Take a little drive (three hours south-west of Christchurch) and you will find the gorgeous, Instagram-worthy lake known as Lake Tekapo. The tranquil fluorescent blue waters of the lake, along with the backdrop of the Southern Alps, is one of the many drawcards to this part of the South Island. Picturesque by day and dazzling by night, Lake Tekapo is part of a well-known UNESCO dark sky reserve, which means nothing more than if you are after some serious stargazing, you have come to the right place.
We had the pleasure of planning a last minute mini-vaycay to this glorious part of New Zealand for a weekend getaway. Lake Tekapo is renowned for being a stop-over location for those travelling down to Queenstown or up to Christchurch.
On first sight of the lake, it is easy to be enthralled and not see much else, but I assure you there are some landmark monuments and a functioning small town along with accommodation and even hot springs to bask and enjoy the surrounding landscape views.
The first landmark is a small church situated just a few meters away from the lake. Named the Church of the Good Shepherd, and built in 1935, was a place of worship for those living in the Mackenzie region. Since it's inception the church continues to host services throughout the year and lends a hand to one of the most popular tourist attractions of the area.
It was hard to really appreciate the church, when my partner and I arrived on a sunny Saturday morning, especially with over three buses full of international tourists (particularly Chinese) flashing away with their iPhones and Nikon cameras. If you can get past this obstruction and if you have the opportunity to stay at Lake Tekapo in the summer months, when the sun goes down later in the day (and the tourists have left) you can revel in the ambiance of the church and also head in and take a seat in one of the pews for a moment of prayer. The stained glass windows provide patrons with a phenomenal view of the Southern Alps just beyond the lake.
Much of the original elements of the church remain, along with the matagouri bushes and rocks that appear around the wall line of the church. The only variation to the original foundations of this monument was the replacement of the roof (from wooden shingles to slates) in 1957.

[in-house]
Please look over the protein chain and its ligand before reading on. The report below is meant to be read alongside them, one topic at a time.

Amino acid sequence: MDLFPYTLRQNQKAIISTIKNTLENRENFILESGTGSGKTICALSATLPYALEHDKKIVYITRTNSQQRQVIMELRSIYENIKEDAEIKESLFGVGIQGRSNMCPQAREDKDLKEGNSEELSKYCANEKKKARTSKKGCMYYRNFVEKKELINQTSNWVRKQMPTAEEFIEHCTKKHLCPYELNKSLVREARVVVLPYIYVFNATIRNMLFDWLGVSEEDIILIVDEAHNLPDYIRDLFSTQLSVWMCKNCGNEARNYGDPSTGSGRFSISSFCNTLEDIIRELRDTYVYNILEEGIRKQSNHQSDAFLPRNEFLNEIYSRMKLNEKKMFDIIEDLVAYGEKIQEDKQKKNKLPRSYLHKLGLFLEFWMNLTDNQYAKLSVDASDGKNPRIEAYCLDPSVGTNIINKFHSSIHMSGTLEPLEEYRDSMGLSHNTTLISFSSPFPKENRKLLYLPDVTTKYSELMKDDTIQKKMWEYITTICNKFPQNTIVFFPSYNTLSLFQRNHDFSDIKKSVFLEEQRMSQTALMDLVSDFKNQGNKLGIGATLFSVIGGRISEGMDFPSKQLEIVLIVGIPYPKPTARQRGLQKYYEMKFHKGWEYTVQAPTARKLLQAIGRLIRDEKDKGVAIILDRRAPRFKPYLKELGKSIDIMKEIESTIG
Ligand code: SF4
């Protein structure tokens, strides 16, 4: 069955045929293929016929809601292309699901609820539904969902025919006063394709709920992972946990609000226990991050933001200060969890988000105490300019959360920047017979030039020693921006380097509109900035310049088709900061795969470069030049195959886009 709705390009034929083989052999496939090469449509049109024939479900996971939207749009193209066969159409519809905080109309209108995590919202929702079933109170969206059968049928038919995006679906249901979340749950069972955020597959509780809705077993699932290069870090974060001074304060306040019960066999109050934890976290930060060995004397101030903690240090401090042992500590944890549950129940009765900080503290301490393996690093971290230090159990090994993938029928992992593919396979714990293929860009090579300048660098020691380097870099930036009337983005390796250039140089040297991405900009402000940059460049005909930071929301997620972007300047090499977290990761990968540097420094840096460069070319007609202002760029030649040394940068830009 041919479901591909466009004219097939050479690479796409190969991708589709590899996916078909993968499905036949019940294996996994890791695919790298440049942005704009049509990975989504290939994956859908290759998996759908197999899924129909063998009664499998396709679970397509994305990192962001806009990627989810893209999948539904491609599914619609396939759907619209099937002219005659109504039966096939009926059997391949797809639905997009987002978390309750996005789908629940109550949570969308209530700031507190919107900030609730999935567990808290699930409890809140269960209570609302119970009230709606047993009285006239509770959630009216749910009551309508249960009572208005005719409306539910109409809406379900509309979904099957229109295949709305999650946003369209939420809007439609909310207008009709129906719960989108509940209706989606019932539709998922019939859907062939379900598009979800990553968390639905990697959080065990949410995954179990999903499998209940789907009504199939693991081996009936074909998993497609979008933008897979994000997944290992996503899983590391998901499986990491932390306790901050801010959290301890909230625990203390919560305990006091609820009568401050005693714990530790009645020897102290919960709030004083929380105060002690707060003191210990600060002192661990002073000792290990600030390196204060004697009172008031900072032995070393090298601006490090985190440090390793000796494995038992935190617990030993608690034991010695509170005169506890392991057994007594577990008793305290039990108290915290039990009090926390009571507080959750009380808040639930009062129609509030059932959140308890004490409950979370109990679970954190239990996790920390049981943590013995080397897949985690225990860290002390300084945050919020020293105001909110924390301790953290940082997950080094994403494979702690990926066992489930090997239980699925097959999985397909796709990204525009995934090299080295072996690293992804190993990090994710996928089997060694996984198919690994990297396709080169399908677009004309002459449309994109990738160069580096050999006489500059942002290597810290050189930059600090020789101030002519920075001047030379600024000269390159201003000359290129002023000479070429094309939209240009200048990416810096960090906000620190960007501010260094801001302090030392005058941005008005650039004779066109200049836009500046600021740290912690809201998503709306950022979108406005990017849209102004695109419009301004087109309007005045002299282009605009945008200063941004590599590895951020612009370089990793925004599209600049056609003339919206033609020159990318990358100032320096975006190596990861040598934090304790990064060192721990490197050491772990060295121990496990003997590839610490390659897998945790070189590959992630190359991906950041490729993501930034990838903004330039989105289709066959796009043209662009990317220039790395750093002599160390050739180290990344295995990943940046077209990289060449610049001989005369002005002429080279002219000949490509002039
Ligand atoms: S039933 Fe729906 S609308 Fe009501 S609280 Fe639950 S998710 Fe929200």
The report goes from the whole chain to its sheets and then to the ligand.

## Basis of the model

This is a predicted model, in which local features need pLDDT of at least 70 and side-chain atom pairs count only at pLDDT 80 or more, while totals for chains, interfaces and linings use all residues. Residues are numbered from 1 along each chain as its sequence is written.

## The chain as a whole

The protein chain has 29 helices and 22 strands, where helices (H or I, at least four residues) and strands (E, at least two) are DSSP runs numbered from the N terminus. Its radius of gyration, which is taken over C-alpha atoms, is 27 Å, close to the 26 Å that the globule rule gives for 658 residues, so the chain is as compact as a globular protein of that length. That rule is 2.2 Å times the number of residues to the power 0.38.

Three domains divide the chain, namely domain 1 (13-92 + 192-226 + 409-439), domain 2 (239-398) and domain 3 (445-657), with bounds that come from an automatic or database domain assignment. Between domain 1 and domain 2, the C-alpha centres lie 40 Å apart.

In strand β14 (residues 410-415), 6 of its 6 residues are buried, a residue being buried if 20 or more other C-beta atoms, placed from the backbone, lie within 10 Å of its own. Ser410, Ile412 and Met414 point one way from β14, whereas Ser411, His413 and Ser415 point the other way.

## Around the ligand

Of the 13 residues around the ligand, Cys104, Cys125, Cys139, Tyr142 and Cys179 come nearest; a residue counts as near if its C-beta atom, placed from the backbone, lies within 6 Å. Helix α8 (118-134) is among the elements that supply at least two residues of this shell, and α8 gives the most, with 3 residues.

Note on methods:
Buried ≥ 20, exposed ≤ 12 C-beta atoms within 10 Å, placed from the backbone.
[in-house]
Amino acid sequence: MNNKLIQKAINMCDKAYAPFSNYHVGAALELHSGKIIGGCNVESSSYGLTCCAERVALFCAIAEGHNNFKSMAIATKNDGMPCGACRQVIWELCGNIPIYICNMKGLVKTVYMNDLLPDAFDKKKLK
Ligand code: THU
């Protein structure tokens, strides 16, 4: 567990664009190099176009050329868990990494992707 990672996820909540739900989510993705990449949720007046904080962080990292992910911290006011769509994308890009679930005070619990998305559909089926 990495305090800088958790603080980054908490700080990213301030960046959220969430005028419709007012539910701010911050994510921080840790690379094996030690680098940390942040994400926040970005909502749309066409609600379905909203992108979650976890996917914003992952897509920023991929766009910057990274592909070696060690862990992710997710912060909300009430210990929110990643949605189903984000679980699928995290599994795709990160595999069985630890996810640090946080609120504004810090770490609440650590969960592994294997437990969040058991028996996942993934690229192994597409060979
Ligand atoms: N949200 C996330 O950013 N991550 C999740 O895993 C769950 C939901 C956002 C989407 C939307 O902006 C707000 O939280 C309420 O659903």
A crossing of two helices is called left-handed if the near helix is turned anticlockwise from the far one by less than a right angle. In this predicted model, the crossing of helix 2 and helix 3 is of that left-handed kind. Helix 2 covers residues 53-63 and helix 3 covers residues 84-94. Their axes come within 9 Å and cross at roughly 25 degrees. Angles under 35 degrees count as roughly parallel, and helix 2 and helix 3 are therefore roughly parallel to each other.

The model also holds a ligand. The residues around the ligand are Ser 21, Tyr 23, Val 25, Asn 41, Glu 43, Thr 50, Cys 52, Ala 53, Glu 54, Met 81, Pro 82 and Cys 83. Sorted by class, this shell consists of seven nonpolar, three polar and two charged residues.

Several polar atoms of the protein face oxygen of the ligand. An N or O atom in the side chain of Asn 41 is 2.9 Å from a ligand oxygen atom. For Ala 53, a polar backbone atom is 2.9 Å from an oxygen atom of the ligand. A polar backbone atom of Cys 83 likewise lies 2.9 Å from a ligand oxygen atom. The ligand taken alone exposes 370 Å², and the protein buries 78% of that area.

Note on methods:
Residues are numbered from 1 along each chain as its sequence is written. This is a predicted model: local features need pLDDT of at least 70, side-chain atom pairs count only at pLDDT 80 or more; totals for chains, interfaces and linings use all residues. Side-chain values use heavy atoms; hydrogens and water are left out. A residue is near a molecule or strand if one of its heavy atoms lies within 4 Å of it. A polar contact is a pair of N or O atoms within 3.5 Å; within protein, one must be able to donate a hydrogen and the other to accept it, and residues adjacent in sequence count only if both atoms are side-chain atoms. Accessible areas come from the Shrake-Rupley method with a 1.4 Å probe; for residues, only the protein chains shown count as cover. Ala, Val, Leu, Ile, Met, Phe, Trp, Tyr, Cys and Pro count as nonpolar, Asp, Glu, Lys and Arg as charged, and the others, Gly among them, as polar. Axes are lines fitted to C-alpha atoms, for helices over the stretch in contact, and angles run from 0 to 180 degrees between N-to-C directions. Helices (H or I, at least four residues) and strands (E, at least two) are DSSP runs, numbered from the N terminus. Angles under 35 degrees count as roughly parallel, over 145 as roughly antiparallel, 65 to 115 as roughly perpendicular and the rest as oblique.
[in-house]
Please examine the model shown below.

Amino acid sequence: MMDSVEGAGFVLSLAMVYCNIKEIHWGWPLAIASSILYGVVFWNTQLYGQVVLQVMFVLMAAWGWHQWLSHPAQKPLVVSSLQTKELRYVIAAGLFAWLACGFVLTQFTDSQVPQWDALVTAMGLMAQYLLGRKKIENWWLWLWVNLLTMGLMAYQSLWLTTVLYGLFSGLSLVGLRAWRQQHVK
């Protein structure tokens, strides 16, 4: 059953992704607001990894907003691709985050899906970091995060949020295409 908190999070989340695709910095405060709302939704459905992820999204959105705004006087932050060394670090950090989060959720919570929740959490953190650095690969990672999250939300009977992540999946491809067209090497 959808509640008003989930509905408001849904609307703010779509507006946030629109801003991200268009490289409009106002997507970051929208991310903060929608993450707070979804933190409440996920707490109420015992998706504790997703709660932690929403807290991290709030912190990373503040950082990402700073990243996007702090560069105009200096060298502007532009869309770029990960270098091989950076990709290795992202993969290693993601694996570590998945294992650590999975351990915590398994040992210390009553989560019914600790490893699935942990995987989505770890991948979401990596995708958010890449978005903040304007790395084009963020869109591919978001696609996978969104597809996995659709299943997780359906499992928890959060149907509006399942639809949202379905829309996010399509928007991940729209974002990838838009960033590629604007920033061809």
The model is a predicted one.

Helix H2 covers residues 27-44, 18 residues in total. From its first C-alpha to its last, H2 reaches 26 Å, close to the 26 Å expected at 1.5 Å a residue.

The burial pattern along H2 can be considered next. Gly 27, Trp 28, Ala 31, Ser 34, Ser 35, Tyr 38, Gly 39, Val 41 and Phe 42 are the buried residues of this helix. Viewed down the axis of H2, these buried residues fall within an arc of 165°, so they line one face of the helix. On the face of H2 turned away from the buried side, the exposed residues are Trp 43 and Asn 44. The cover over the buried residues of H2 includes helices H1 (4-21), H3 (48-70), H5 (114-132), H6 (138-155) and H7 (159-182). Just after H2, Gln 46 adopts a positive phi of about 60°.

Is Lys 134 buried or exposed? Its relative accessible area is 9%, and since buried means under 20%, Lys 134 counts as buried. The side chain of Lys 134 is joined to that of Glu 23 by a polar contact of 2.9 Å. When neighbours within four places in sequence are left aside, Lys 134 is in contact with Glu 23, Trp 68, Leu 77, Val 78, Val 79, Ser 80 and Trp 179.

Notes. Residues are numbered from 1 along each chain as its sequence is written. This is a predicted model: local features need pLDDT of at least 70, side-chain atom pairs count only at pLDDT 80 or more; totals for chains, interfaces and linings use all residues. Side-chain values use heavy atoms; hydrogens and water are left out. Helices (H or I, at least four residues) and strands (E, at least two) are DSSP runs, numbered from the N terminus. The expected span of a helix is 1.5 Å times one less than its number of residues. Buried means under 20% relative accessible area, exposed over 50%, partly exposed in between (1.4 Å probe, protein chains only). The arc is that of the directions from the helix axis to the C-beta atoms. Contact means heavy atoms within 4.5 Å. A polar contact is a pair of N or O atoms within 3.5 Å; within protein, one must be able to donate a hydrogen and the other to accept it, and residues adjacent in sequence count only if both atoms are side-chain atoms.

Church of the Good Shepherd (photo by Praneel Lal)
Another iconic monument at Lake Tekapo is the Sheepdog Statue, situated just down from the Church of the Good Shepherd along the waterfront. This statue was constructed by the people of Mackenzie as a tribute to the work of the collie dog in herding cattle in this part of New Zealand. The statue was unveiled to an audience in 1968, by then Governor General of New Zealand; Sir Arthur Espie Porritt. Still standing so many years later, the Sheepdog Statue has had its fair share of attention with many tourists photographing the bronze figure.
Tekapo Springs @ Lake Tekapo (photo by Praneel Lal)
Away from iconic monuments and churches is a place of relaxation known as Tekapo Springs. A short five-minute drive from the town centre, and just down near some lakeside accommodation, is the perfect place to unwind after your drive.
Tekapo Springs is a must for tourists. The location is not only home to three tier hot pools, but a day spa and ice skating rink (operational from April - September). The pool temperatures range from a 40 degree Celsius adult pool, down to a 36 degree Celsius public pool. the pools are comfortable with benched seating and stunning views of the mountainous range and forest backdrop. Each pool varies with some providing ailment relaxation water jets, whilst another has a fountain to sit under. The area is sheltered by Douglas fir trees that go for miles, and provide a walking track for those after a physical adventure. The pools are operational all year round, with the winter months sometimes donning snow, which acts as a unique backdrop to the hot pools experience.
Lastly (but definitely not least) is a natural wonder of the region known as the Southern Lights (similar to the Northern Lights but in the Southern hemisphere). Whether it is from Mount John's Observatory (which will cost you a pretty penny of $150 per person), or purely escaping from the luminous town centre and sitting on the bonnet of your car a five minute drive away (for free), you have the opportunity to witness nature's most spectacular natural light show. It has been said that the best time to experience nature's miracle is from April - September.